By Brad Tuttle
June 22, 2016

The summertime version of Black Friday is getting a sequel. Last summer, Amazon hosted the first-ever Prime Day—a one-day sales event with thousands of special deals available online only to Amazon Prime subscribers. The day was announced as a way to celebrate Amazon’s 20th anniversary as an e-retailer, but we now have confirmation that it wasn’t a one-time deal: The company says the second edition of Prime Day will take place in mid-July just like last year, though Amazon hasn’t announced an actual date yet for Prime Day 2016.

An Amazon spokesperson told the industry publication InternetRetailer.com that another Prime Day would happen this summer, but that “we don’t have any details to share yet” regarding the precise day or the kinds of deals that online shoppers can expect.

This past spring, a letter sent from Amazon to vendors that sell merchandise on the site was posted at an Amazon Seller forum. In it, sellers were asked to respond with submissions for “Lightning Deals” that Amazon would consider for inclusion in the forthcoming 2016 Prime Day. “Prime Day is coming again in mid-July, and you’re invited to participate by offering Lightning Deals,” the Amazon letter stated. “For Prime Day, we will choose seller deals that provide the best value to customers. Great products. Great prices.”

Last year, Prime Day was held on July 15—a Tuesday. If Amazon goes with a Tuesday again this year, Prime Day could perhaps be July 12 or July 19. If the company sticks with July 15 as the date for Prime Day in 2016, it would be a Friday. It’s all speculation at this point because, like so many issues, Amazon is remaining quiet on this one until it’s good and ready.

Read Next: How Walmart Beat Amazon on Amazon Prime Day

The first Amazon Prime Day was hyped as having “more deals than Black Friday.” All the attention enticed Walmart to launch its own mid-summer sales event. What’s particularly interesting is that while Amazon dreamed up the concept, shoppers seem to have thought that Walmart did a better job in terms of having good prices on products people wanted. By contrast, many consumers bashed Amazon for all of the random bizarre products it featured on Prime Day 2015, and for having mediocre prices and a very limited supply of many items.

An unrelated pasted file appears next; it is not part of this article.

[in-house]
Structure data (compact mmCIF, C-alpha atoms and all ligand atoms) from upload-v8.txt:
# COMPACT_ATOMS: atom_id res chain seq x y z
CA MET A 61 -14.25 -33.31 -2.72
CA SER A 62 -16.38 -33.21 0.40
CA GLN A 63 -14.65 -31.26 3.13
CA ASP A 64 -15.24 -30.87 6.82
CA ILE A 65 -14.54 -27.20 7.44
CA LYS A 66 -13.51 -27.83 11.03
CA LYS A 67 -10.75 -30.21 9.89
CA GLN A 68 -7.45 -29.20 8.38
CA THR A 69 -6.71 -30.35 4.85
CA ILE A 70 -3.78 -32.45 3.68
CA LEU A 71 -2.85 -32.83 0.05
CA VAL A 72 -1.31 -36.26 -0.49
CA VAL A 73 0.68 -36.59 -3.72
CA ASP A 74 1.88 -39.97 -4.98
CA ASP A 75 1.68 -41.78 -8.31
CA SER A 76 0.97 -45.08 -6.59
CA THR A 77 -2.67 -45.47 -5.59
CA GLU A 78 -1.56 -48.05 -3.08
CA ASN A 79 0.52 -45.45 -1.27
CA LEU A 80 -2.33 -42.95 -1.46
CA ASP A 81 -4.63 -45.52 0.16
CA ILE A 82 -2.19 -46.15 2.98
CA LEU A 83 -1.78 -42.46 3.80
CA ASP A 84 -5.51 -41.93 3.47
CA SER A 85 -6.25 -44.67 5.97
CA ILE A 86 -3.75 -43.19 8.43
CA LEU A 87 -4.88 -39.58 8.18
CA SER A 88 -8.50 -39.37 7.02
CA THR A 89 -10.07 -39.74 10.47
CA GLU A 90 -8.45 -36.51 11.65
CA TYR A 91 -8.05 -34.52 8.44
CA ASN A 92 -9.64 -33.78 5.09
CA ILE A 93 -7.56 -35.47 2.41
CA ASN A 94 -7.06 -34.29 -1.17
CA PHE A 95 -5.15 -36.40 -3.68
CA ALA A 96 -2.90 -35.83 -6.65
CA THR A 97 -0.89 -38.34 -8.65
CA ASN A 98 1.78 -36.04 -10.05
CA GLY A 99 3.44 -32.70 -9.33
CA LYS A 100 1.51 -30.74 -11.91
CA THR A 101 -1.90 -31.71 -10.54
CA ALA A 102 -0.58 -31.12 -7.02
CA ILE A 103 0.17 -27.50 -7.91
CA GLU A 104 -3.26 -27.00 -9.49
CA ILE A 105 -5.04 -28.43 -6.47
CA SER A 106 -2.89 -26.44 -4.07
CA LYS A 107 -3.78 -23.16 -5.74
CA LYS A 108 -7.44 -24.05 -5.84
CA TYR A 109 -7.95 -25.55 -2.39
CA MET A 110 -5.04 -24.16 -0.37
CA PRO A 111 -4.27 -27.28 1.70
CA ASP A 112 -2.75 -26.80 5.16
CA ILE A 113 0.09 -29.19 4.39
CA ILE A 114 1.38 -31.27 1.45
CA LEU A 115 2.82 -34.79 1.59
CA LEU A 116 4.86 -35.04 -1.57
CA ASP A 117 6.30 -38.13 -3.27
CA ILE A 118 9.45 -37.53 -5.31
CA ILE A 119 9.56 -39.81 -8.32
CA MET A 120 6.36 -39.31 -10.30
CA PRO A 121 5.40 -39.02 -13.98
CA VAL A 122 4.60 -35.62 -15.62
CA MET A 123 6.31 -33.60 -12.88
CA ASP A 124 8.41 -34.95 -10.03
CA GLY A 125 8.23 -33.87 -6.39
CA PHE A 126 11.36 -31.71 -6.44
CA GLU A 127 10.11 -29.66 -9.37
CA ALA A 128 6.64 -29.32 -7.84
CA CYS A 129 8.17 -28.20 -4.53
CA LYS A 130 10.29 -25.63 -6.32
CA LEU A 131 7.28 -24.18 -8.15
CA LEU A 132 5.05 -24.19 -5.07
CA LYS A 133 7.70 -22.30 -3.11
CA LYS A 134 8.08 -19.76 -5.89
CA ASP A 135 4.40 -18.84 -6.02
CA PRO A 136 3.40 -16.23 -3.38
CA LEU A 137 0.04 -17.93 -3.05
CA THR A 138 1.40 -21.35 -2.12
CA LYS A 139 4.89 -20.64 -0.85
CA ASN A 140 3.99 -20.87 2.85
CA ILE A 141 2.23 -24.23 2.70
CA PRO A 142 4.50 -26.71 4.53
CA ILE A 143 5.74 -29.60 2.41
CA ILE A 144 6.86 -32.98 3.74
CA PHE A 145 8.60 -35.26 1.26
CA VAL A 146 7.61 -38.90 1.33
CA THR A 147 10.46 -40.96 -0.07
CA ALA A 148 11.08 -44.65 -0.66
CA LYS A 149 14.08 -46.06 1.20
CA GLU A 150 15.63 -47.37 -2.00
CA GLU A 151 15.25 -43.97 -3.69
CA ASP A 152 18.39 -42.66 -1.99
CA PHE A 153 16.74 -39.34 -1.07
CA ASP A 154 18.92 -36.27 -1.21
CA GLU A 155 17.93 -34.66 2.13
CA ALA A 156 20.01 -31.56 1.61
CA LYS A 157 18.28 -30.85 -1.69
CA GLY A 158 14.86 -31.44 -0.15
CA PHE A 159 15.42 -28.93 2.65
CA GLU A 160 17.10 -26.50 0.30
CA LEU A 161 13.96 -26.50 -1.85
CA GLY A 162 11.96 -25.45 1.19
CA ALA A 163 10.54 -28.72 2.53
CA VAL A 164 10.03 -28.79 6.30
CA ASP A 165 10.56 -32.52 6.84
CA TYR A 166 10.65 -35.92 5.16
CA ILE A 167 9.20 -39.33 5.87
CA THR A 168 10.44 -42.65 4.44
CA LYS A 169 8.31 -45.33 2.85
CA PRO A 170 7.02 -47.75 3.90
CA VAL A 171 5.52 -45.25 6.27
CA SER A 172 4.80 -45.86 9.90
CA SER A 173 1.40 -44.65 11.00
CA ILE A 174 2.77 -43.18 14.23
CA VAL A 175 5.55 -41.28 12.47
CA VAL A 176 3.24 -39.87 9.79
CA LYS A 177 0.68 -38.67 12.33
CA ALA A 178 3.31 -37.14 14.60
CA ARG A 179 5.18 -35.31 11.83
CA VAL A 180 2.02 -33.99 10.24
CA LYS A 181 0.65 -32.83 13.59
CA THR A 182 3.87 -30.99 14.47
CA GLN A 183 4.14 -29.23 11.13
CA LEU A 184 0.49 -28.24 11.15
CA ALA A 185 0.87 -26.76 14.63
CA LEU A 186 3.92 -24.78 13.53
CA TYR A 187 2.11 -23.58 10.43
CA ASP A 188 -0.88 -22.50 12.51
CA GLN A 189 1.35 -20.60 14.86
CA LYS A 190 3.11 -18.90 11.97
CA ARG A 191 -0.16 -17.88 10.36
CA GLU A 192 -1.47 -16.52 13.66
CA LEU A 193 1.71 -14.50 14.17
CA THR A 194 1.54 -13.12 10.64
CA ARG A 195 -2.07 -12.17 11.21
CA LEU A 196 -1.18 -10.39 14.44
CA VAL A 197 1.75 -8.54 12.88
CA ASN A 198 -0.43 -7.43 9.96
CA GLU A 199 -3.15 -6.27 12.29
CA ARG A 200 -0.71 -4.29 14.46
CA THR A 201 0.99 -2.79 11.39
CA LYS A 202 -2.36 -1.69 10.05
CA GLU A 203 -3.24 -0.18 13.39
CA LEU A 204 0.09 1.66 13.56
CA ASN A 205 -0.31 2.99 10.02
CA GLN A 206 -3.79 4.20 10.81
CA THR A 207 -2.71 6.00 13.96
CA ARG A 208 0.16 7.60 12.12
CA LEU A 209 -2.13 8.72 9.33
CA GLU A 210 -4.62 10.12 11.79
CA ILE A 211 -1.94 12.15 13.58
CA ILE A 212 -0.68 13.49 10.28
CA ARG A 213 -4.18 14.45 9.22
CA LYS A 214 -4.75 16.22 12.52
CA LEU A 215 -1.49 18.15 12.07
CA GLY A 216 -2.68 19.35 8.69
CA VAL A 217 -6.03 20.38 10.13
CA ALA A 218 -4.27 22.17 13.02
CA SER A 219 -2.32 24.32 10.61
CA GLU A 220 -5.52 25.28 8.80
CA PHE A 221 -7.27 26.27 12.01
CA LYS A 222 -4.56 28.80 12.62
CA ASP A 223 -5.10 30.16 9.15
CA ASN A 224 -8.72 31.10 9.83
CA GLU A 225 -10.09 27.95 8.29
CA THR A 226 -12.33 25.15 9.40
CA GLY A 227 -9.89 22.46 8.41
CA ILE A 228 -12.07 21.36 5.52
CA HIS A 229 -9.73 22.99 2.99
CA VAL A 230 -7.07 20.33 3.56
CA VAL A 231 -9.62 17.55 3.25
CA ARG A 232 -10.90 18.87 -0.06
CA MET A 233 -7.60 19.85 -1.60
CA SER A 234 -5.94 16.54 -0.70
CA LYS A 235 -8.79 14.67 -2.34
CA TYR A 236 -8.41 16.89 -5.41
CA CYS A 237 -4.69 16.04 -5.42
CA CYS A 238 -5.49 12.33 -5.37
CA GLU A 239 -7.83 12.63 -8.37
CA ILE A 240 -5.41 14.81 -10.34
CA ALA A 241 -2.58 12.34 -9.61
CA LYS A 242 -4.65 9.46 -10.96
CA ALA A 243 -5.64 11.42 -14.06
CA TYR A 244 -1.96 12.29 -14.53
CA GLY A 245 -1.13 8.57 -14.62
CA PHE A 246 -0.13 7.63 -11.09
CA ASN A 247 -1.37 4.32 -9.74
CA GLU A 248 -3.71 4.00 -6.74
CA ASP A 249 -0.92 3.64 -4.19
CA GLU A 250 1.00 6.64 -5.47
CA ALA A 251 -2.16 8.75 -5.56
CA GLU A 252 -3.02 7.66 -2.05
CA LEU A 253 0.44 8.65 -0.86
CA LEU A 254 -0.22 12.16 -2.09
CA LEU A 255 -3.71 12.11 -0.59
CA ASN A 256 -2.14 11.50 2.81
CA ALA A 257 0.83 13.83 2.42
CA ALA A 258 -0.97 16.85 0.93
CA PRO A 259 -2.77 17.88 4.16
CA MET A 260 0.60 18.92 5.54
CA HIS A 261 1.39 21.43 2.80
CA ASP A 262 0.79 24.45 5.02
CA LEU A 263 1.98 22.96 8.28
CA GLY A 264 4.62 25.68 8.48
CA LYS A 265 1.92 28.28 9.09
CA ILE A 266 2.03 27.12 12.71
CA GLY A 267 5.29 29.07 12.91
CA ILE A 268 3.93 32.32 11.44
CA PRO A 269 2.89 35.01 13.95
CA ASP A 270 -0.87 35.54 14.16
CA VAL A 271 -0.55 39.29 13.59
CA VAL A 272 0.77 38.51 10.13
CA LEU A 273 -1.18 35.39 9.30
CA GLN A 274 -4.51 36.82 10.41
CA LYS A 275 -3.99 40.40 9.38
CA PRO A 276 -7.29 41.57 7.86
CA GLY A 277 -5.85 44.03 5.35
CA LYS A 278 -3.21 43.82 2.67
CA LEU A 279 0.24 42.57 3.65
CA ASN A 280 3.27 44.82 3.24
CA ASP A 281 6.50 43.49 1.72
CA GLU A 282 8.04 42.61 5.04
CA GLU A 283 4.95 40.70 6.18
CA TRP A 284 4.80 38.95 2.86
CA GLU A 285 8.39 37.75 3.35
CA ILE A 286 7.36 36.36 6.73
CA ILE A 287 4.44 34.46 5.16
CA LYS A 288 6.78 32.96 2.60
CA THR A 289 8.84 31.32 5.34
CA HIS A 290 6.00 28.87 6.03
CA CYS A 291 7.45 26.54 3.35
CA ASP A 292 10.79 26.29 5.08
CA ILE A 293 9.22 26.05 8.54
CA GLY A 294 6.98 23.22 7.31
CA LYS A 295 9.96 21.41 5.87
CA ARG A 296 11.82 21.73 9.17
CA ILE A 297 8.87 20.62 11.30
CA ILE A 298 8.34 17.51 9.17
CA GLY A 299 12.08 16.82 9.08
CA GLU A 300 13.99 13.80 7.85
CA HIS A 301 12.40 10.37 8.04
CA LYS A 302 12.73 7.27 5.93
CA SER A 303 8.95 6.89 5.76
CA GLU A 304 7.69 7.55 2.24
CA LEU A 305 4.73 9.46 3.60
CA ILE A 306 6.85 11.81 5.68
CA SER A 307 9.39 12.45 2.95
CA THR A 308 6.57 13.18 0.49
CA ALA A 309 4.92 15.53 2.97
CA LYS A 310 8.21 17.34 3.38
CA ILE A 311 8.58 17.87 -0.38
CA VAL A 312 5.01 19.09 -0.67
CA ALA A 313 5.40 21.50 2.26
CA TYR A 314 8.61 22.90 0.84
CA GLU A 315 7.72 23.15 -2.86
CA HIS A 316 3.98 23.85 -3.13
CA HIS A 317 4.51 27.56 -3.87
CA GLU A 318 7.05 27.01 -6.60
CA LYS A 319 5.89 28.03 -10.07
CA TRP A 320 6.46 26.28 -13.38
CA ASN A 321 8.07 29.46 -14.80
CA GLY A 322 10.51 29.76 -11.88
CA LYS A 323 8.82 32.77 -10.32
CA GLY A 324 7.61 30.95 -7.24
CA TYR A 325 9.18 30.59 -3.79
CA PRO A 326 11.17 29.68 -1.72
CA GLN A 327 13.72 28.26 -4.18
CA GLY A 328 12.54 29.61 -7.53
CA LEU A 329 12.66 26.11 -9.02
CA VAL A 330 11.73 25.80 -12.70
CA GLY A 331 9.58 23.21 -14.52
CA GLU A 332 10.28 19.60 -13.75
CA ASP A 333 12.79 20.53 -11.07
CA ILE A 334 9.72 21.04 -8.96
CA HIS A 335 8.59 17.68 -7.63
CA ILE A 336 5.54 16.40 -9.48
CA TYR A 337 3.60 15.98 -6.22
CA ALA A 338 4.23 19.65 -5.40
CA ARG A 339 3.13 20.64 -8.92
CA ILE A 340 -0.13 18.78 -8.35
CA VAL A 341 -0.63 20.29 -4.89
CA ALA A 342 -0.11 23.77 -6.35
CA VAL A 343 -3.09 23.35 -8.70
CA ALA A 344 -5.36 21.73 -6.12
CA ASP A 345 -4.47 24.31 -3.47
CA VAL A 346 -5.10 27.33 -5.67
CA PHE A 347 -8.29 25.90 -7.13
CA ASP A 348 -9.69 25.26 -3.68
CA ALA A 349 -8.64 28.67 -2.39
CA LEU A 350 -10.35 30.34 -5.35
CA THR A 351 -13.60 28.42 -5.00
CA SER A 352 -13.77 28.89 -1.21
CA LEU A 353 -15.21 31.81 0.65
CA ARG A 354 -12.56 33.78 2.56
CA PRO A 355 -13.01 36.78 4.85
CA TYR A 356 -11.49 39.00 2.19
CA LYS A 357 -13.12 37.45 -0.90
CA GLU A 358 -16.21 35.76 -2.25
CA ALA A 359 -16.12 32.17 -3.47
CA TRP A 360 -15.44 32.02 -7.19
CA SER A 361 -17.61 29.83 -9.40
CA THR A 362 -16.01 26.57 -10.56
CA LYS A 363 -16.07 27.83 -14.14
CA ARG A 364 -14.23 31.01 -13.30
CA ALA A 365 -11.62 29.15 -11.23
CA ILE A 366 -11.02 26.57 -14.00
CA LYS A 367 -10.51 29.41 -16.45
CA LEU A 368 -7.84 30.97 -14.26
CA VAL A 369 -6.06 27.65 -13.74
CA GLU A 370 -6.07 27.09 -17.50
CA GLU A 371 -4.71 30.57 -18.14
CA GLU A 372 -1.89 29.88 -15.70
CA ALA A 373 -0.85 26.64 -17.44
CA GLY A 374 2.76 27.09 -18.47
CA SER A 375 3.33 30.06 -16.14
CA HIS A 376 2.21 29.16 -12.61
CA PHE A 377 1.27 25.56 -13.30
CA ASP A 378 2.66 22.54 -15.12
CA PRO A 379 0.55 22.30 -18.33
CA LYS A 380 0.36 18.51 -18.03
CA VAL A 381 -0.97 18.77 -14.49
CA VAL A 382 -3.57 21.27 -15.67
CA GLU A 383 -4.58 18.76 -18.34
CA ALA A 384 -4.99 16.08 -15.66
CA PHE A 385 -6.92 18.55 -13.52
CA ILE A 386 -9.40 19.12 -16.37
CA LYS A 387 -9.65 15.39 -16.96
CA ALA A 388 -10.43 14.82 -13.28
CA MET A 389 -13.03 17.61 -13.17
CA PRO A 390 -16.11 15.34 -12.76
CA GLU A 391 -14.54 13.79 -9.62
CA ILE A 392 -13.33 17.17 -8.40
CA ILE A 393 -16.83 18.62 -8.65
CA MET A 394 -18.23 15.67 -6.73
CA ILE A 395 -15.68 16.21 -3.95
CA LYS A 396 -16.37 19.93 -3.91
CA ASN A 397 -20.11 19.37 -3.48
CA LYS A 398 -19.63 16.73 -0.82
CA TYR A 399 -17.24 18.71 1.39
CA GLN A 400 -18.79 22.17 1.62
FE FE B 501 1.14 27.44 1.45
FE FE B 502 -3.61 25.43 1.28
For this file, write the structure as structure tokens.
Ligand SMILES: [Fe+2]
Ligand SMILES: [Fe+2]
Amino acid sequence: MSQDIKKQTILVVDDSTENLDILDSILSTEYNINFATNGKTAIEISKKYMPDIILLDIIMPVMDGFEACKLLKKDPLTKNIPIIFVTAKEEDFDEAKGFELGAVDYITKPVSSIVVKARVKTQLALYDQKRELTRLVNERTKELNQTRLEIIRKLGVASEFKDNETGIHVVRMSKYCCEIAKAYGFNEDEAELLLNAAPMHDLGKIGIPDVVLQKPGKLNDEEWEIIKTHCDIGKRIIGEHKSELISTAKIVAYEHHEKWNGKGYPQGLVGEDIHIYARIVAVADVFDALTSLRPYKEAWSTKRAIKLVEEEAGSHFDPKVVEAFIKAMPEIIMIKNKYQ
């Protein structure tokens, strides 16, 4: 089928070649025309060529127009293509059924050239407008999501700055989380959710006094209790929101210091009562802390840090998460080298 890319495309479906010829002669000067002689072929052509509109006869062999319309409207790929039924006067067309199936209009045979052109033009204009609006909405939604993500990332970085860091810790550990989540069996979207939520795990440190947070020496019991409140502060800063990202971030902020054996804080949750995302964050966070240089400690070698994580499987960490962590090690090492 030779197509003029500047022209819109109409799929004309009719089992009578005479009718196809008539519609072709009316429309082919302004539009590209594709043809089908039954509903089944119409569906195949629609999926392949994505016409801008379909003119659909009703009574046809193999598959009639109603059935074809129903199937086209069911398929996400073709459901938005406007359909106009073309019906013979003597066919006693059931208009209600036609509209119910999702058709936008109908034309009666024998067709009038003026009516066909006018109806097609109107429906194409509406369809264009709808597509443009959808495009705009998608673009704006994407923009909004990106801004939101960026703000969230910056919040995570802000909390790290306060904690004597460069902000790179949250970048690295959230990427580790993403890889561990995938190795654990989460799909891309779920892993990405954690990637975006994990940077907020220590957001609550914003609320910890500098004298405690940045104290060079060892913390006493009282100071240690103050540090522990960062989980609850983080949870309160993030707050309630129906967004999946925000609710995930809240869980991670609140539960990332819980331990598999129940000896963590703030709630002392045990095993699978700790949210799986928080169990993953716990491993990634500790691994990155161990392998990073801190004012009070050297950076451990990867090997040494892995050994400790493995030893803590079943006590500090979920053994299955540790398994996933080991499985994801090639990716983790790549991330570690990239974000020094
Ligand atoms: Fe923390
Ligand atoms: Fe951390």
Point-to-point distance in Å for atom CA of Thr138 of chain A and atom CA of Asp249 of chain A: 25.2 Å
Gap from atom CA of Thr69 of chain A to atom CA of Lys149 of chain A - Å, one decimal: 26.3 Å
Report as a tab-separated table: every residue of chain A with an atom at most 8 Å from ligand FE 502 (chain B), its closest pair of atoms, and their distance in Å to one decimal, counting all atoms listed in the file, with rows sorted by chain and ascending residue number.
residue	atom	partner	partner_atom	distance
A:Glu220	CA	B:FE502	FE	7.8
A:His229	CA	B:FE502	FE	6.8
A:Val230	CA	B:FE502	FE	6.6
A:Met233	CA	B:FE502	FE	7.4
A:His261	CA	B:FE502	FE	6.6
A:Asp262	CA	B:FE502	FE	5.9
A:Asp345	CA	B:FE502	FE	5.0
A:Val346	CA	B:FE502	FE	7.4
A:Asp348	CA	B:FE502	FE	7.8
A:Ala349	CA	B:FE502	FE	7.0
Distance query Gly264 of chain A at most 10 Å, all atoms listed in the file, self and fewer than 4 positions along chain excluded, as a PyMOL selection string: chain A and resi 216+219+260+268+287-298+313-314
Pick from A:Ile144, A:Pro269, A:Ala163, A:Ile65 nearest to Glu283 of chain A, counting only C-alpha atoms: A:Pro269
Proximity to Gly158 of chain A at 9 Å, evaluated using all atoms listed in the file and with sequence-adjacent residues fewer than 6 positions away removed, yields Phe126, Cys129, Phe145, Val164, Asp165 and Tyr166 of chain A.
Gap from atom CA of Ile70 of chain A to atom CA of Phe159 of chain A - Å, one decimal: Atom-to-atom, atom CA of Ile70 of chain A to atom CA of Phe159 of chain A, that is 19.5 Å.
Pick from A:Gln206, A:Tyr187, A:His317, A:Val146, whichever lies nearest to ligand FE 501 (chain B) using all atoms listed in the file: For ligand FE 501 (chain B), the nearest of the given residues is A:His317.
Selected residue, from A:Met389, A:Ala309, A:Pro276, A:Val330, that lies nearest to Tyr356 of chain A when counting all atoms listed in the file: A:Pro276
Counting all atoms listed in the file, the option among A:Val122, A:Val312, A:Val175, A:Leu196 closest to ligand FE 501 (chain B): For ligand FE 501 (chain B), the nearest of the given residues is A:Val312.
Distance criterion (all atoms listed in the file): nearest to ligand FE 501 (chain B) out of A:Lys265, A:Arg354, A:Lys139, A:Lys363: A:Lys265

Regardless, Amazon gave the impression that Prime Day 2015 was a runaway success. The company said that Prime Day sales surpassed those of Black Friday, and that it signed up the most-ever new Prime subscribers on the day. Prime subscriptions are incredibly lucrative for Amazon, as members tend to spend vastly more money on Amazon than non-members.

As for whether Prime Day 2016—whenever it happens—will be worth your while as a bargain-hunting shopper, we all have to wait and see. Critics have a long list of ways that Amazon could improve Prime Day, mainly focused on changing the day into less of a random crapshoot by somehow making it easier to find and buy the deals that most interest them.

Analysts think that Amazon has absorbed the feedback from last year and will indeed make some improvements. “Amazon is being much more selective this year with the products they’ll promote on Prime Day so that they can work on providing a better customer experience this time around,” CPC Strategy account manager Jeff Coleman said. Still, “despite Amazon’s best efforts, there are going to be plenty of stock outs on promoted items.” From the seller’s point of view, there will be “plenty of opportunities to attract new customers that come to the site after the item they want has stocked out, or that come just looking for a deal,” Coleman said. That could be quite annoying for deal hunters and potentially costly for impulsive shoppers.

Read Next: Amazon Has Upper-Income Americans Wrapped Around Its Finger

A dealnews.com story on what shoppers can expect on Prime Day 2016 noted that one kind of sale is a sure thing: “While many of the Prime Day deals will be a surprise, you can pretty much guarantee that there will be solid discounts on Amazon-brand products, especially anything new they’re trying to hook customers on.”

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